People v. Tapley

Citation450 Ill.Dec. 248,181 N.E.3d 248,2020 IL App (2d) 190137
Decision Date18 December 2020
Docket Number2-19-0137
Parties The PEOPLE of the State of Illinois, Plaintiff-Appellee, v. David J. TAPLEY, Defendant-Appellant.
CourtUnited States Appellate Court of Illinois

2020 IL App (2d) 190137
181 N.E.3d 248
450 Ill.Dec.

The PEOPLE of the State of Illinois, Plaintiff-Appellee,
David J. TAPLEY, Defendant-Appellant.

No. 2-19-0137

Appellate Court of Illinois, Second District.

Opinion filed December 18, 2020

Andrew S. Gable, of Chicago, for appellant.

Patrick D. Kenneally, State's Attorney, of Woodstock (Patrick Delfino, Edward R. Psenicka, and Stephanie Hoit Lee, of State's Attorneys Appellate Prosecutor's Office, of counsel), for the People.


PRESIDING JUSTICE BRIDGES delivered the judgment of the court, with opinion.

181 N.E.3d 251
450 Ill.Dec. 251

¶ 1 Defendant, David J. Tapley, appeals his convictions of aggravated criminal sexual abuse ( 720 ILCS 5/11-1.60(c)(1), (d) (West 2012)). He argues that the trial court erred in allowing the victim, R.L., to testify with a dog under the Americans with Disabilities Act of 1990, as amended (ADA or Act) ( 42 U.S.C. § 12101 et seq. (2018) ), which is a matter of first impression in Illinois. Defendant also argues that the trial court erred in allowing testimony about R.L.'s suicidal thoughts. We affirm.


¶ 3 On July 23, 2015, a grand jury indicted defendant on four counts of aggravated criminal sexual abuse ( 720 ILCS 5/11-1.60(c)(1), (d) (West 2012)). The charges alleged that defendant was 17 years of age or older and knowingly committed acts of sexual conduct against R.L. The first two counts alleged that R.L. was under 13 years old, and the last two counts alleged that she was over 13 but under 17 years old. Count I alleged that defendant touched her vagina and/or breasts between March 25, 2010, and March 24, 2012. Count II alleged that defendant touched her vagina between June 1, 2013, and August 31, 2013. Count III alleged that defendant touched her vagina on April 5, 2015. Last, count IV alleged that he touched her vagina and/or breasts on May 30, 2015.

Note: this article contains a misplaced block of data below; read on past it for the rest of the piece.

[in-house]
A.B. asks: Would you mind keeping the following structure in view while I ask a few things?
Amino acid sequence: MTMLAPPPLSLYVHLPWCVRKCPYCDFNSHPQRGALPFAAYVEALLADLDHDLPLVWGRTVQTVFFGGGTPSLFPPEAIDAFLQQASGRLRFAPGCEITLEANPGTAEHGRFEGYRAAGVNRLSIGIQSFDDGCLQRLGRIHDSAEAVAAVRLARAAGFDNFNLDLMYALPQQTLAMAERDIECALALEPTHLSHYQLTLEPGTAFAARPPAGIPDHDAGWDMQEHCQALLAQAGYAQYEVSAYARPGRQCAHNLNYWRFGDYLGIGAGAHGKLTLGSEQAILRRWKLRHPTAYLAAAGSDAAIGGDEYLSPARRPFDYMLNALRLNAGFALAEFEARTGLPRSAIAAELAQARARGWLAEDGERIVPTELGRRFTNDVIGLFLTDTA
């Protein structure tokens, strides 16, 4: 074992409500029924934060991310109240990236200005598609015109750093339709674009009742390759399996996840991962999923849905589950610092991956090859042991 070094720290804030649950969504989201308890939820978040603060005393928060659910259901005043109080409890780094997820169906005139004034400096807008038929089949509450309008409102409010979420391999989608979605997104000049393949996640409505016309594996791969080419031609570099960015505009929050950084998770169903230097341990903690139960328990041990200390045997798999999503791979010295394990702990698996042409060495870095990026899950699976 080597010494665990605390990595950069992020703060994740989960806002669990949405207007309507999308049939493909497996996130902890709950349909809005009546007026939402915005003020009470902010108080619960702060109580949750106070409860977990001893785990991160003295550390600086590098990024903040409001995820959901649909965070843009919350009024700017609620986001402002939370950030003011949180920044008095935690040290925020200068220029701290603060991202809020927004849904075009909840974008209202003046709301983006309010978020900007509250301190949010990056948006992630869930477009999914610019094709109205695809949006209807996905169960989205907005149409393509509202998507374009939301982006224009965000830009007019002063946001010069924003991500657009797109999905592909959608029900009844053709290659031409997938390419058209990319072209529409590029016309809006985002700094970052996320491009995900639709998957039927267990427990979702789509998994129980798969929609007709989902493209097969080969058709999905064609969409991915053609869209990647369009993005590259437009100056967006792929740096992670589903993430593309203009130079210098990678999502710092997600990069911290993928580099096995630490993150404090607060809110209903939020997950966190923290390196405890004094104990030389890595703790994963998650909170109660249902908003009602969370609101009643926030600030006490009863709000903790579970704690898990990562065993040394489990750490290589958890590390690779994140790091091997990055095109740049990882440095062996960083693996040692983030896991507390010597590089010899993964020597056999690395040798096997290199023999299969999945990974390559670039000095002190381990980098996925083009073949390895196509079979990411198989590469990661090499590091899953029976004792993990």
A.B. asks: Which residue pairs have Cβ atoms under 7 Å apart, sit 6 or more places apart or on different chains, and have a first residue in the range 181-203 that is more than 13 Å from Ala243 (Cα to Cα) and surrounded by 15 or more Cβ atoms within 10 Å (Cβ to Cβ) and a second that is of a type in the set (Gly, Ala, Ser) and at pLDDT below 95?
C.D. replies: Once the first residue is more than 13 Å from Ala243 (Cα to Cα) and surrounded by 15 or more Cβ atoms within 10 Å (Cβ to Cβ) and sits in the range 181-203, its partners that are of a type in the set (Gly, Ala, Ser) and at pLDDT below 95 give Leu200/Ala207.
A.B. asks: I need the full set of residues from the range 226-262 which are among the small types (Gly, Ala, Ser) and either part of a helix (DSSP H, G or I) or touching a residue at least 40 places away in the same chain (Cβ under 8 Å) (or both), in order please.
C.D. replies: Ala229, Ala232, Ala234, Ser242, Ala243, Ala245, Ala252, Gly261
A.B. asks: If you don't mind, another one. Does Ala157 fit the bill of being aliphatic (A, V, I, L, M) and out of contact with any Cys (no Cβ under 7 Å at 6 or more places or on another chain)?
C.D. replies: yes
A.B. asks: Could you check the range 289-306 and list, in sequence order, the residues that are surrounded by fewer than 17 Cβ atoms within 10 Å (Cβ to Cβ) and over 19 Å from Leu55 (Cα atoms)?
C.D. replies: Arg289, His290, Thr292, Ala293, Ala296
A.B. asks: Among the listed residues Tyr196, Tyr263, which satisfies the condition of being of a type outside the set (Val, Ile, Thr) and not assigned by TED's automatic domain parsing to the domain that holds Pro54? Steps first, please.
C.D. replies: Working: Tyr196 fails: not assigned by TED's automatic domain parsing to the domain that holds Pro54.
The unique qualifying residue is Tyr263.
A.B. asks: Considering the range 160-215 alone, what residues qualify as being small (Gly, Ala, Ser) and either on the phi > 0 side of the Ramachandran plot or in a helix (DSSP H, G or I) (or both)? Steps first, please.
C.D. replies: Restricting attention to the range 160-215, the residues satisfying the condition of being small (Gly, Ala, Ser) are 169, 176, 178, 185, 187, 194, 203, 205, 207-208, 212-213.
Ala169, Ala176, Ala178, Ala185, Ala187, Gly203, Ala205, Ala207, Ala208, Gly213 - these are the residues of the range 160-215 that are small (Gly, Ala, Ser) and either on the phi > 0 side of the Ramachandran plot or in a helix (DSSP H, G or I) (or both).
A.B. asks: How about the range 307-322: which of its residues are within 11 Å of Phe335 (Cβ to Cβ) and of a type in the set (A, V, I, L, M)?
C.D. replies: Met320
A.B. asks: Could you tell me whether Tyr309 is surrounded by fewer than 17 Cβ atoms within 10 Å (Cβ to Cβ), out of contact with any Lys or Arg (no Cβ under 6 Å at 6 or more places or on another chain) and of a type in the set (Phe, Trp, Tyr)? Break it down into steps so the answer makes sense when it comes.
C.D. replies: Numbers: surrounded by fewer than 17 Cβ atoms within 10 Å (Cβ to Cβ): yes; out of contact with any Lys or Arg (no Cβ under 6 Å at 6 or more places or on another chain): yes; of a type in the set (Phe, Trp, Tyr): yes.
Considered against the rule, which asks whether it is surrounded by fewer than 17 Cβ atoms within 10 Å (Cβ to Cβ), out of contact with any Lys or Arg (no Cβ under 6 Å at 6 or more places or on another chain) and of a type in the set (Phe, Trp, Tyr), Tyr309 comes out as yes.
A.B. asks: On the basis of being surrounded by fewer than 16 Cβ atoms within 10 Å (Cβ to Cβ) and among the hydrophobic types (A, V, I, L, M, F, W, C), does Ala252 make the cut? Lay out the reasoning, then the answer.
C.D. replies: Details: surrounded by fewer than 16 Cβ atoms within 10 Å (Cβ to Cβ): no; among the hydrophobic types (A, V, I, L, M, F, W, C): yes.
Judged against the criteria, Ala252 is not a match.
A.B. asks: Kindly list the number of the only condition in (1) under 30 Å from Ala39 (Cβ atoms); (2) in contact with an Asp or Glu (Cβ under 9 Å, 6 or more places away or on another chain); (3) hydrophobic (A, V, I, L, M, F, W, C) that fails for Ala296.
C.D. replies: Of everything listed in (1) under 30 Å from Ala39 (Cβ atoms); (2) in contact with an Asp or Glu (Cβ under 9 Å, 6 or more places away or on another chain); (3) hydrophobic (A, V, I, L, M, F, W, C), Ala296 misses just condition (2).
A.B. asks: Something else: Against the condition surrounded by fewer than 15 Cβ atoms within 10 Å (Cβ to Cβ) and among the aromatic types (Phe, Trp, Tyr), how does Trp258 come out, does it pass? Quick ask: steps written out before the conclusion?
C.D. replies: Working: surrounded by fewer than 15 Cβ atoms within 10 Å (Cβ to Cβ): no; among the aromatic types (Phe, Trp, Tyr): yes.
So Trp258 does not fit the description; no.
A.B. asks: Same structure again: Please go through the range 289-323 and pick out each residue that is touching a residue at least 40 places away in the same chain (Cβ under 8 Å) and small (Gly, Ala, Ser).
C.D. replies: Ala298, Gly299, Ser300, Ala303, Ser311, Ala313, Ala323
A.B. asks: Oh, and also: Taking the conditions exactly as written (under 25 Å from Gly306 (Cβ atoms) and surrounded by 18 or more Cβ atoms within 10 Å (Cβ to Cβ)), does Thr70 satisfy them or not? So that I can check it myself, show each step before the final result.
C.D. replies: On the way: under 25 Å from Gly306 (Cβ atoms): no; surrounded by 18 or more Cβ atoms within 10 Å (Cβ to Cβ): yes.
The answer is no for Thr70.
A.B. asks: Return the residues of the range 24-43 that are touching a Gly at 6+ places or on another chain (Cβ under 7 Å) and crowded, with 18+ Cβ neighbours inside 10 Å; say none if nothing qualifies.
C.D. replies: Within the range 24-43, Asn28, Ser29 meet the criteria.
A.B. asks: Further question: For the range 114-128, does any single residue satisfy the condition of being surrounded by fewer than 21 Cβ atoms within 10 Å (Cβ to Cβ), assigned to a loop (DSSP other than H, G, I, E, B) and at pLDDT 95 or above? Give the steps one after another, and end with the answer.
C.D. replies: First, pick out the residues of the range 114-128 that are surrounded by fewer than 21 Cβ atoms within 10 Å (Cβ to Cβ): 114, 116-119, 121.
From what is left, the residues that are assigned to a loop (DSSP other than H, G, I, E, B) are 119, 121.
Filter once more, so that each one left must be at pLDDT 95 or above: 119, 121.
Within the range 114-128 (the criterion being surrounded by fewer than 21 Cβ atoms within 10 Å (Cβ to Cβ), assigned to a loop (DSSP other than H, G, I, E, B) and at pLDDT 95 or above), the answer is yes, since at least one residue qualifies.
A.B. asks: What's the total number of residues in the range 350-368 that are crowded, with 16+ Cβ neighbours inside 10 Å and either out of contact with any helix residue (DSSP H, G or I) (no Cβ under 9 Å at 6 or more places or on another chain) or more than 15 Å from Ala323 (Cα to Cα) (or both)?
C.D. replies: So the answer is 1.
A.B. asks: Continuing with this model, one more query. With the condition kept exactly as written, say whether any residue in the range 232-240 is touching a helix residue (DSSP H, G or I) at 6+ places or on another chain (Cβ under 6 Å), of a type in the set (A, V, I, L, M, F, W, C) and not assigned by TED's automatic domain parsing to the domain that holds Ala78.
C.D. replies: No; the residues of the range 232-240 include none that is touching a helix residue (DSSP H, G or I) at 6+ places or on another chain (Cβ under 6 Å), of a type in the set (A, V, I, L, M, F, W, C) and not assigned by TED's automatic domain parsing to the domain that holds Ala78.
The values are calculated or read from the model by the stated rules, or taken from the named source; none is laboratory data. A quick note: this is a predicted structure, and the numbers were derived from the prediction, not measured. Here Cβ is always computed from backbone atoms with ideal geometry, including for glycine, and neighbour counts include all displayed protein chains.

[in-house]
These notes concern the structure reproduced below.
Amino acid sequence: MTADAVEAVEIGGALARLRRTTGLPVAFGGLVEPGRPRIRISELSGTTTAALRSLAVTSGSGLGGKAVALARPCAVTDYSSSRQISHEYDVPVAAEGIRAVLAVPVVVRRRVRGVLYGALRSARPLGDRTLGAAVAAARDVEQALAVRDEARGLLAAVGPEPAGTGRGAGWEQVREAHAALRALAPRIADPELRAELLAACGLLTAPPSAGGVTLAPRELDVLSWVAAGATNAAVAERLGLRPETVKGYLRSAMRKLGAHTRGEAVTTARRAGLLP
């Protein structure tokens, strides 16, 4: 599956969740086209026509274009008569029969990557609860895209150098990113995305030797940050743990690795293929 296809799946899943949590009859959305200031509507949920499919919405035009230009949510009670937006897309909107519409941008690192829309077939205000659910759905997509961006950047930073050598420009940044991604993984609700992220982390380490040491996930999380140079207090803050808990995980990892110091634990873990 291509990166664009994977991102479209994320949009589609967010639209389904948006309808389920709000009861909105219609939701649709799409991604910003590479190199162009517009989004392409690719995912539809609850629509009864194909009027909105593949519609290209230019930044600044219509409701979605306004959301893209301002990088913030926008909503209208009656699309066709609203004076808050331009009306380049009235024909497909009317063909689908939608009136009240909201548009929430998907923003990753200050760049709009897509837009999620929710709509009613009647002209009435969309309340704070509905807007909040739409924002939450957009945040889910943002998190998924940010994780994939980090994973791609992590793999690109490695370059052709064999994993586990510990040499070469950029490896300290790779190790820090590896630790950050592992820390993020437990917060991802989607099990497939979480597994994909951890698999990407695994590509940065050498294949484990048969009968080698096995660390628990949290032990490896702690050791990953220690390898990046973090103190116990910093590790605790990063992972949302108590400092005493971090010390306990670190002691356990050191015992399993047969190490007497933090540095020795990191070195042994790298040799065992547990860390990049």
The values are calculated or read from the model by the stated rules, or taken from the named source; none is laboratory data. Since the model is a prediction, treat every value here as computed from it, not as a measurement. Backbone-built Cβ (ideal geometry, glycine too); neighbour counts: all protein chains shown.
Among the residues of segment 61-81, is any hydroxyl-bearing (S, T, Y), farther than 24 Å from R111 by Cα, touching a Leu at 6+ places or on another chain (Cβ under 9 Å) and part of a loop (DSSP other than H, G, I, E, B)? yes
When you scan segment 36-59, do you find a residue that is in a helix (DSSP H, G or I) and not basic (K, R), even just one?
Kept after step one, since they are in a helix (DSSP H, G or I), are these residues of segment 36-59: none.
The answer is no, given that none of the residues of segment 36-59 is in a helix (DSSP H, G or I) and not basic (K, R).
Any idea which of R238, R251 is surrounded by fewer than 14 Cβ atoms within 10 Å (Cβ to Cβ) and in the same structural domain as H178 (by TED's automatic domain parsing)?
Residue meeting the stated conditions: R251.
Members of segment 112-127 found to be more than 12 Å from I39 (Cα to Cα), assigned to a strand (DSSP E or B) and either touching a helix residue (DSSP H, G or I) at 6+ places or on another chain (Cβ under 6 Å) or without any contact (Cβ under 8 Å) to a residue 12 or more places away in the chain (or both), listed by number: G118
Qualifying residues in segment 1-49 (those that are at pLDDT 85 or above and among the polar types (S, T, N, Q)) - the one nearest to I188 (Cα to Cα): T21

¶ 4 In 2016, defendant sought to subpoena R.L.'s mental health records, and R.L.'s personal attorney filed a motion in opposition. On November 4, 2016, the trial court ordered that defendant could issue subpoenas for the records limited to the time period set forth in the bill of indictment. The subpoenas were to be returned to the trial court for an in camera inspection. On January 21, 2017, the trial court ordered that the records be limited to 2010 to 2015 and further limited to statements regarding defendant and the alleged abuse.

¶ 5 On March 7, 2017, the trial court entered an order stating that it had inspected the materials returned in camera and found them to be relevant and responsive to defendant's subpoenas. It stated that the records were to be disclosed only to defense counsel and the State and then returned to the trial court. On May 4, 2017, the trial court entered an order stating that defendant acknowledged receipt of the subpoenaed materials.

¶ 6 On May 17, 2017, defendant filed a motion to allow his expert witness to review R.L.'s medical records and conduct a psychiatric examination. He stated in the motion that R.L. had been diagnosed with post-traumatic stress disorder (PTSD) by her doctors, whom he named. He further stated that "[m]edical records and reports by the above referenced medical professionals regarding witness and alleged victim R.L. have been tendered to the Defendant."

¶ 7 On October 19, 2017, the trial court ruled that the defense was not entitled to have R.L.'s mental health records or have her examined by a mental health expert if the State was not seeking to have a mental health expert testify.

¶ 8 On November 28, 2017, the State filed a motion in limine to allow R.L., who was 16 years old at the time, to testify in the presence of her "facility dog."1 The

181 N.E.3d 252
450 Ill.Dec. 252

State alleged that R.L. suffered from PTSD as a result of defendant's abuse and that R.L. had a facility dog that accompanied her everywhere. The State alleged that R.L. had previously suffered from PTSD episodes that affected her ability to go to school and communicate effectively but that the use of the facility dog had enabled her to attend school again. The State alleged that it had reason to believe that R.L. might suffer a PTSD episode while testifying that would prevent her from reasonably communicating with the jury. The State further alleged that the use of the facility dog and/or closed circuit television would help ensure that she would not have a PTSD episode during the trial and would limit any further emotional distress to her.